What is Domestic and Family Violence (DFV)?

Domestic violence refers to a pattern of violent and/or coercive behaviours between current or former intimate partners – typically where one partner tries to exert power and control over the other, usually through fear. It can include physical, sexual, emotional/psychological, social, verbal, spiritual and financial abuse.

Family violence is a broader term that refers to violence between family members, which can include violence between current or former intimate partners, as well as acts of violence between a parent and a child, between siblings, and more.

What is coercive control ?

Coercive control refers to the recognition of a pattern of behaviors that someone uses to gain power and control over another person, that they are in a domestic relationship with. While it may include physical abuse (including sexual) it is not just a reactive behavior as a result of an incident but more typically, a pattern of subtle behaviors to gain power and control and instill fear in their victim. Coercive control is an intricate web of abuse and that traps the victim. Abusers typically use a variety of types of abuse when building their web.  Guide-to-understanding-and-responding-to-coercive-control-abuse-and-violence.

How is it done ? – the typical process

  1. Establishing trust and intimacy
  2. Isolation from family/friends
  3. Monopolizing partners perceptions – reframing what is happening as their fault, or something they have to help fix.
  4. Humiliation/degradation
  5. Alternating between punishment and reward, oppression/kindness. See cycle of violence.
  6. Setting up rules for the relationship. Victims compliance.
  7. Inducing a state of exhaustion and debilitation
  8. Threats
  9. Ensuring victim compliance
  10. Trapping the victim. The victim becomes very invested in trying to make things better.

Who are victims of DFV and Coercive Control?

Sexual, domestic and family violence can happen to anyone, regardless of the country they are from, religion, sexuality, gender, age, social background or culture.

It can also happen in any relationship, including with:

  • Boyfriends, girlfriends, partners, husbands or wives
  • Ex-boyfriends, ex-girlfriends, ex-partners, ex-husbands or ex-wives
  • Hetero sexual and LGBTQIA+ relationships
  • Carers and paid support workers
  • Parents, guardians and other family members
  • Adult children.

However the uncomfortable truth is that it is a gendered crime. This means more often than not males are the abusers and females the victims. Although men can also be victims statistically they are perpetrators and their a high incidences of recidivism.



DFV is the number 1 threat to public safety in Australia. 40-60% of police time is being spent on DFV. Only 20% of victims report.

1 in 4 women experience domestic abuse.

When most people think of domestic violence they think of physical abuse or rape. While these are the most obvious forms of abuse and often the ones that are reported in the news, they are not the most common cases. Physical violence is only one type of abuse. There are many forms of abuse that go unreported, and it is often these more subtle, silent forms of abuse that leave the deepest scars.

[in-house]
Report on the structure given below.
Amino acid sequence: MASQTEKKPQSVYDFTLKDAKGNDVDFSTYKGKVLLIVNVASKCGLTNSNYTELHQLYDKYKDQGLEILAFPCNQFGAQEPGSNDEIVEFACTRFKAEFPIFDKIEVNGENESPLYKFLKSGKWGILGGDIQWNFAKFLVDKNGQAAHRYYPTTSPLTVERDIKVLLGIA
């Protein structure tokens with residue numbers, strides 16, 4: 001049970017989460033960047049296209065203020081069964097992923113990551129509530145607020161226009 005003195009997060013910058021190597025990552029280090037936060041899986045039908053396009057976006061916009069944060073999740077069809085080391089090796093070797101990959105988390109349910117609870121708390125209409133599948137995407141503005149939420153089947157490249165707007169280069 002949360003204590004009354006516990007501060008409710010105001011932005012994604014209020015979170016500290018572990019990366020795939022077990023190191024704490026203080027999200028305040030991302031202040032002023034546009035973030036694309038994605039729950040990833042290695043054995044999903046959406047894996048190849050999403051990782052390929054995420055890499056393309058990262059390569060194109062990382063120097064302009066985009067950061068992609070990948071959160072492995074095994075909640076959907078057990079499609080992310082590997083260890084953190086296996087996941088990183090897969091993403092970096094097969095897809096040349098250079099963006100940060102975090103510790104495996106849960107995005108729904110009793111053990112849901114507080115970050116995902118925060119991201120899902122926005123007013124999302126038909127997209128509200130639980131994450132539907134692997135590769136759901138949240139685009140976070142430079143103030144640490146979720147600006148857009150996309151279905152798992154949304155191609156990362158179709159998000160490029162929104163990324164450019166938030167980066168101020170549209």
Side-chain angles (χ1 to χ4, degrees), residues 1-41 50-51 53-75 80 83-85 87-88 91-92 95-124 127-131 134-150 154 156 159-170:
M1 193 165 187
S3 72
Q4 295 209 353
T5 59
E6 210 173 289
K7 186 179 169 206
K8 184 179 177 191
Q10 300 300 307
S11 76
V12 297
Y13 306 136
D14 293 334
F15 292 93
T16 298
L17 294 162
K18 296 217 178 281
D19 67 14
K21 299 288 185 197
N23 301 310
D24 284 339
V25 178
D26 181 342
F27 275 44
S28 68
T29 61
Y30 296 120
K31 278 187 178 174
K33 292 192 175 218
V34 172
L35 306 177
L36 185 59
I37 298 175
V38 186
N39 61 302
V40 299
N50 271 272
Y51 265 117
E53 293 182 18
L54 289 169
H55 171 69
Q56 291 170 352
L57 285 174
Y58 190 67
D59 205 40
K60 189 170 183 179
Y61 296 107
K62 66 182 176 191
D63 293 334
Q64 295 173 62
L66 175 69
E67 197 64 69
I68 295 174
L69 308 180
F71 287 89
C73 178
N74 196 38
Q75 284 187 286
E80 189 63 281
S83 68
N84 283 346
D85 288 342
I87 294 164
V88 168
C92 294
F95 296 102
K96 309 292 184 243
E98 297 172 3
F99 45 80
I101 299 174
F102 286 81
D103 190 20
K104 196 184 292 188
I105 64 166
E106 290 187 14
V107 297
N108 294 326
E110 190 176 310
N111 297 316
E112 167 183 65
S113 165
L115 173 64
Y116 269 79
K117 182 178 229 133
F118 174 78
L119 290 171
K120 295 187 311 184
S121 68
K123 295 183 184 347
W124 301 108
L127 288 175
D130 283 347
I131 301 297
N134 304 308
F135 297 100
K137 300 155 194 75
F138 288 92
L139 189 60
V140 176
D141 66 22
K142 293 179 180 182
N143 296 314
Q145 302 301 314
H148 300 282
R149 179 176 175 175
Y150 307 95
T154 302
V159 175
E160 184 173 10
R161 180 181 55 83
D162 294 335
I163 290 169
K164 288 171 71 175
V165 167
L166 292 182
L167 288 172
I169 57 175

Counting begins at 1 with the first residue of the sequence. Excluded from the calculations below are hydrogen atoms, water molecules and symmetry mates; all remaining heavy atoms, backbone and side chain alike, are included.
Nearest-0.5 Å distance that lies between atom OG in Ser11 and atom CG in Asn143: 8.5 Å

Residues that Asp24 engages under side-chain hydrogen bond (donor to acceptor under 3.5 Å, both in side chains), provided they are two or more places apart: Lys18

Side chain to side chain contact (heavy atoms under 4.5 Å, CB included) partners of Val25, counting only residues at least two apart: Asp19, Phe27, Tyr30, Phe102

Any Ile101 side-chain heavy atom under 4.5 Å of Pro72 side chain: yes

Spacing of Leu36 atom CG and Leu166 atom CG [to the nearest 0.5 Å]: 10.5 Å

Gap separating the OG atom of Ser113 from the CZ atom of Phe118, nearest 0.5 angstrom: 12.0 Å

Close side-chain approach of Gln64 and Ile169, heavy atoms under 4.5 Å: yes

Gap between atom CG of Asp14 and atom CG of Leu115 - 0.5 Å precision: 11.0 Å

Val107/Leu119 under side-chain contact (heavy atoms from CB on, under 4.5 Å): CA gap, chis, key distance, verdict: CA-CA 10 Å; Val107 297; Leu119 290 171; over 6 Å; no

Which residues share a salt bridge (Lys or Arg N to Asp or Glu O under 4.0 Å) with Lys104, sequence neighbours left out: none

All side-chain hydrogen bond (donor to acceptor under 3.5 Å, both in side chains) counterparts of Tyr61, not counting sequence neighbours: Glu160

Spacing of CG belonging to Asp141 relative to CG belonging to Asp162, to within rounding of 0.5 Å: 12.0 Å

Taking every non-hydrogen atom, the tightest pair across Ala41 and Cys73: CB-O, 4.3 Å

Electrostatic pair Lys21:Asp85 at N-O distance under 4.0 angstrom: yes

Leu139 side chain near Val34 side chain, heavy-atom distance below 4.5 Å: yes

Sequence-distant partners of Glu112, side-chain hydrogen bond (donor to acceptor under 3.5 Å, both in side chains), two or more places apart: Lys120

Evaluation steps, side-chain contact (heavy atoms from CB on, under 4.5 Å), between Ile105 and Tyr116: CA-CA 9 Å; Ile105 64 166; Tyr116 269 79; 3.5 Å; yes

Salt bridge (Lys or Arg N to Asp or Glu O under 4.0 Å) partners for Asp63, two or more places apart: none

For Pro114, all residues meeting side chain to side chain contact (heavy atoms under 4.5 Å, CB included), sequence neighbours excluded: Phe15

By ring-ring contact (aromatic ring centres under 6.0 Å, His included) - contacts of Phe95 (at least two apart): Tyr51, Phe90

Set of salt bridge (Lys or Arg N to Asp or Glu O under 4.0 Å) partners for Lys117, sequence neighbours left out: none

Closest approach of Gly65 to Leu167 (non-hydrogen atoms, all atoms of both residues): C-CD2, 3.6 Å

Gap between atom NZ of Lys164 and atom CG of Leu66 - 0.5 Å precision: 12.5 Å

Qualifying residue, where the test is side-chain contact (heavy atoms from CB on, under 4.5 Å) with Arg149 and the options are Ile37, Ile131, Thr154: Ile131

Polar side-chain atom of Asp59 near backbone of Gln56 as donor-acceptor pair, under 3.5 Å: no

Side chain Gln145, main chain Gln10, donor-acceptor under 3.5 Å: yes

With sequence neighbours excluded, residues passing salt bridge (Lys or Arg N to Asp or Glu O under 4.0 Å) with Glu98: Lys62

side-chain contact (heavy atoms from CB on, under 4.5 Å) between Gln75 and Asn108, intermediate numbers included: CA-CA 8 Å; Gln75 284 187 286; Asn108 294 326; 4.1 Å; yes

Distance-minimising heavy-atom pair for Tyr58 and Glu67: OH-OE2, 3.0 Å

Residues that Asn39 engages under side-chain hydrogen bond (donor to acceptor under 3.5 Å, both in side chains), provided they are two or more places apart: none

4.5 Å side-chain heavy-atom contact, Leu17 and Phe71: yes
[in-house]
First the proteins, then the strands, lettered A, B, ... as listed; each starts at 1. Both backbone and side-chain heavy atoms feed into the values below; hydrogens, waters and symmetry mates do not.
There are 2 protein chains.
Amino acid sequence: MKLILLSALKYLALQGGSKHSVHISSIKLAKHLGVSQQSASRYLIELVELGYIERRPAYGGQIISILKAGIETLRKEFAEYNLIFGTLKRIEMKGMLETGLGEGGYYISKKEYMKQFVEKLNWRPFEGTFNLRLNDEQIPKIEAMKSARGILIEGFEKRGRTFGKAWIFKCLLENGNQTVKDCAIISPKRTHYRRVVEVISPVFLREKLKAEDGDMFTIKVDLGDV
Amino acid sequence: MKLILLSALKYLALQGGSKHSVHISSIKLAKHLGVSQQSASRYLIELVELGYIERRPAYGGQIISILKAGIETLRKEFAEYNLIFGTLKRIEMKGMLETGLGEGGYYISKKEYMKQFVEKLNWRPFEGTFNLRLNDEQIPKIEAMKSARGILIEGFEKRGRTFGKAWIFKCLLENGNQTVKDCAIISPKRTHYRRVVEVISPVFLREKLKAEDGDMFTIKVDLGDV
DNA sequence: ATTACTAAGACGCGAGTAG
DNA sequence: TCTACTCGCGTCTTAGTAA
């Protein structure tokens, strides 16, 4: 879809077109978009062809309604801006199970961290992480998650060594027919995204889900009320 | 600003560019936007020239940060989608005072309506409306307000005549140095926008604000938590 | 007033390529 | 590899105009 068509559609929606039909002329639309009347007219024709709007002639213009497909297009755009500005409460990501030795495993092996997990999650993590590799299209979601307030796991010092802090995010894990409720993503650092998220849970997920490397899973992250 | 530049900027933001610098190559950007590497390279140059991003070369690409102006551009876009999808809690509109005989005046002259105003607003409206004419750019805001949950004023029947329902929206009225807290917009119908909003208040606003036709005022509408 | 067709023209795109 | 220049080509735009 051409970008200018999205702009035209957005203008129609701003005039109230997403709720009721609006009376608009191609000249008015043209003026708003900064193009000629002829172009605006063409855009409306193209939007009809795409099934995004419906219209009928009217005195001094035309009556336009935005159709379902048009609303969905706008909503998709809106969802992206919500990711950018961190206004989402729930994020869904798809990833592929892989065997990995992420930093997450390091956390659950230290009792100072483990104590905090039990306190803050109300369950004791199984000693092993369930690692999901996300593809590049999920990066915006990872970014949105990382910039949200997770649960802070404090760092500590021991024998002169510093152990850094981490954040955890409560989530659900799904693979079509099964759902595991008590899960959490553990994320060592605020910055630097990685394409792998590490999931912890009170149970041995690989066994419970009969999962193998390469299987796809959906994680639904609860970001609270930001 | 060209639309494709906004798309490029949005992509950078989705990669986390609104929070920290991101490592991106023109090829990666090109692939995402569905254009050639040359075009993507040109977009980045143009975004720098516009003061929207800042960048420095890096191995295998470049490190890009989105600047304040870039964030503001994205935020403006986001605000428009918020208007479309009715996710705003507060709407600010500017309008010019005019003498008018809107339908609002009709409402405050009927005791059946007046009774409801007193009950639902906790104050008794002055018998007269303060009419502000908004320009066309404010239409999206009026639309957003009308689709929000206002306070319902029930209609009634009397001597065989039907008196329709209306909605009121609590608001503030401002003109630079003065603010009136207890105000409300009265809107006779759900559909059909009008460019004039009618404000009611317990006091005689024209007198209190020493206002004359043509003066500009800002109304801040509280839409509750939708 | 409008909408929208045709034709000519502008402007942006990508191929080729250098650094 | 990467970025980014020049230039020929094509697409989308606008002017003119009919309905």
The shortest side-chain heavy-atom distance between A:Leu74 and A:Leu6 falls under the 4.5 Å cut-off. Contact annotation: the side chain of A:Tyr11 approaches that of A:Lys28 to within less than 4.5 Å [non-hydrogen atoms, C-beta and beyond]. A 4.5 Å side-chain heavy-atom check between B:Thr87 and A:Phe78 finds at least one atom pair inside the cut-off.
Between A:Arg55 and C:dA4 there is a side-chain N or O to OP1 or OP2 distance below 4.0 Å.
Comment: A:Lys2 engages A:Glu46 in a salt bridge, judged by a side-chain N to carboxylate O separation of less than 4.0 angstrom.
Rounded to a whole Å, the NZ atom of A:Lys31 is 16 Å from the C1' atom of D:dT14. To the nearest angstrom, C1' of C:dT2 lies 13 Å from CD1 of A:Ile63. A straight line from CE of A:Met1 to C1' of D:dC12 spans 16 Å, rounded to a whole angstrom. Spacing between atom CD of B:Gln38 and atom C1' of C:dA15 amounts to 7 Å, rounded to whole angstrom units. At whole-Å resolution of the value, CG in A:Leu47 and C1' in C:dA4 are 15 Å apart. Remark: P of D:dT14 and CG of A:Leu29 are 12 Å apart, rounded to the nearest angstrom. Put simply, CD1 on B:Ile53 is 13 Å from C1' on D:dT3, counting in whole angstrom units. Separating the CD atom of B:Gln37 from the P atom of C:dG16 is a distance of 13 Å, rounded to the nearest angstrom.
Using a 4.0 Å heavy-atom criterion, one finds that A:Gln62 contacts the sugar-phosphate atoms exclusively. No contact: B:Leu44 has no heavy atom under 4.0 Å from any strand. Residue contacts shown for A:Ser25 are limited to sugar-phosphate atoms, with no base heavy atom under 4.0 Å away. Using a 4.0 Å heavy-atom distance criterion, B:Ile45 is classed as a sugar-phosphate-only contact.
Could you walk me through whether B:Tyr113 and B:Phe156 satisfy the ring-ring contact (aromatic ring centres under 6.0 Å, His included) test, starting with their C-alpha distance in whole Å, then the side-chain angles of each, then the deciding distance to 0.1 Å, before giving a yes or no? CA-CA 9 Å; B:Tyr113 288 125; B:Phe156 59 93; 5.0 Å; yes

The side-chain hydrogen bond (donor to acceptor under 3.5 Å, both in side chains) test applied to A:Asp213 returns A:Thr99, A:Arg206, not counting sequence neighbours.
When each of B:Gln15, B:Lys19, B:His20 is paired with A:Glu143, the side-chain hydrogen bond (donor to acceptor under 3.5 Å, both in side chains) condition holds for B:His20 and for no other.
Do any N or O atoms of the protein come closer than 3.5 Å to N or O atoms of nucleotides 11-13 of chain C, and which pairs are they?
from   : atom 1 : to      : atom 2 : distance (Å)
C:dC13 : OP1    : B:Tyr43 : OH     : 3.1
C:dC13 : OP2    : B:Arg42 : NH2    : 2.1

The power and control wheel – click here to view.

Other types of abuse include:

  • Financial abuse …… when the perpetrator uses money to control and manipulate the victim.
  • Technological abuse ….. the use of social media and or GPS technology to stalk, intimate and track victims; continual text messages that threaten or harass, posting of inappropriate images an/or harassing or threatening comments
  • Verbal abuse – putting down, yelling, screaming, derogatory comments
  • Sexual abuse – harassment to sexual assault
  • Emotional/Psychological abuse including “Gaslighting”. Gas-lighting is a tactic that refers to emotional/psychological manipulation and control. It is when the perpetrator manipulates information so that the victim believes they are the problem; they’re anxious, they’re over thinking, they’re paranoid and have misread the situation. Victims become very confused and begin to question their own perspective, their judgement, and reality.


The affects of DFV are felt by everyone in the family, children, parents etc but also in the wider community AND Violence and abuse presents differently depending on socio-economic, race, colour, education, and/or religion, YET the end result is the same for all victims – a sense of worthlessness, helplessness, and low self-esteem.

The cycle of violence – click here.


  • Mental Health: Self Harm. Eating Disorders. Substance Abuse. Anxiety. Depression. Suicide
  • Behavioral issues: Withdrawn, Aggressive, Dis-obedience, low self -esteem
  • Social Isolation
  • Grief and Sadness
  • Worry. Shame. Helplessness. Self Blame.
  • Conflict with parents/friends/at school
  • Poorly developed communication skills
  • Disturbed sleep/nightmares
  • Poor concentration. Low academic achievement. Learning difficulties. Decrease participation at school.
  • Physical symptoms
  • Experience violence in their own relationships


SAD      ALONE         SCARED

Trapped                               Shamed               UGLY     Embarrassed    STUPID

Blameworthy   SICK               CONFUSED

Tired      Anxious Depressed

Overwhelmed  HELPLESS              Worried

On Edge                               exhausted          PANICKED

Worthless                            terrorized


  • Police – 000
  • Domestic Violence 24 hour hotline -1800 656 463
  • NSW Rape Crisis Centre – 1800 424 017
  • Violence Against Women Helpline – 1800 200 526
  • Domestic Violence Advocacy Service – 8745 6999
  • Law Access Line – 1300 888 529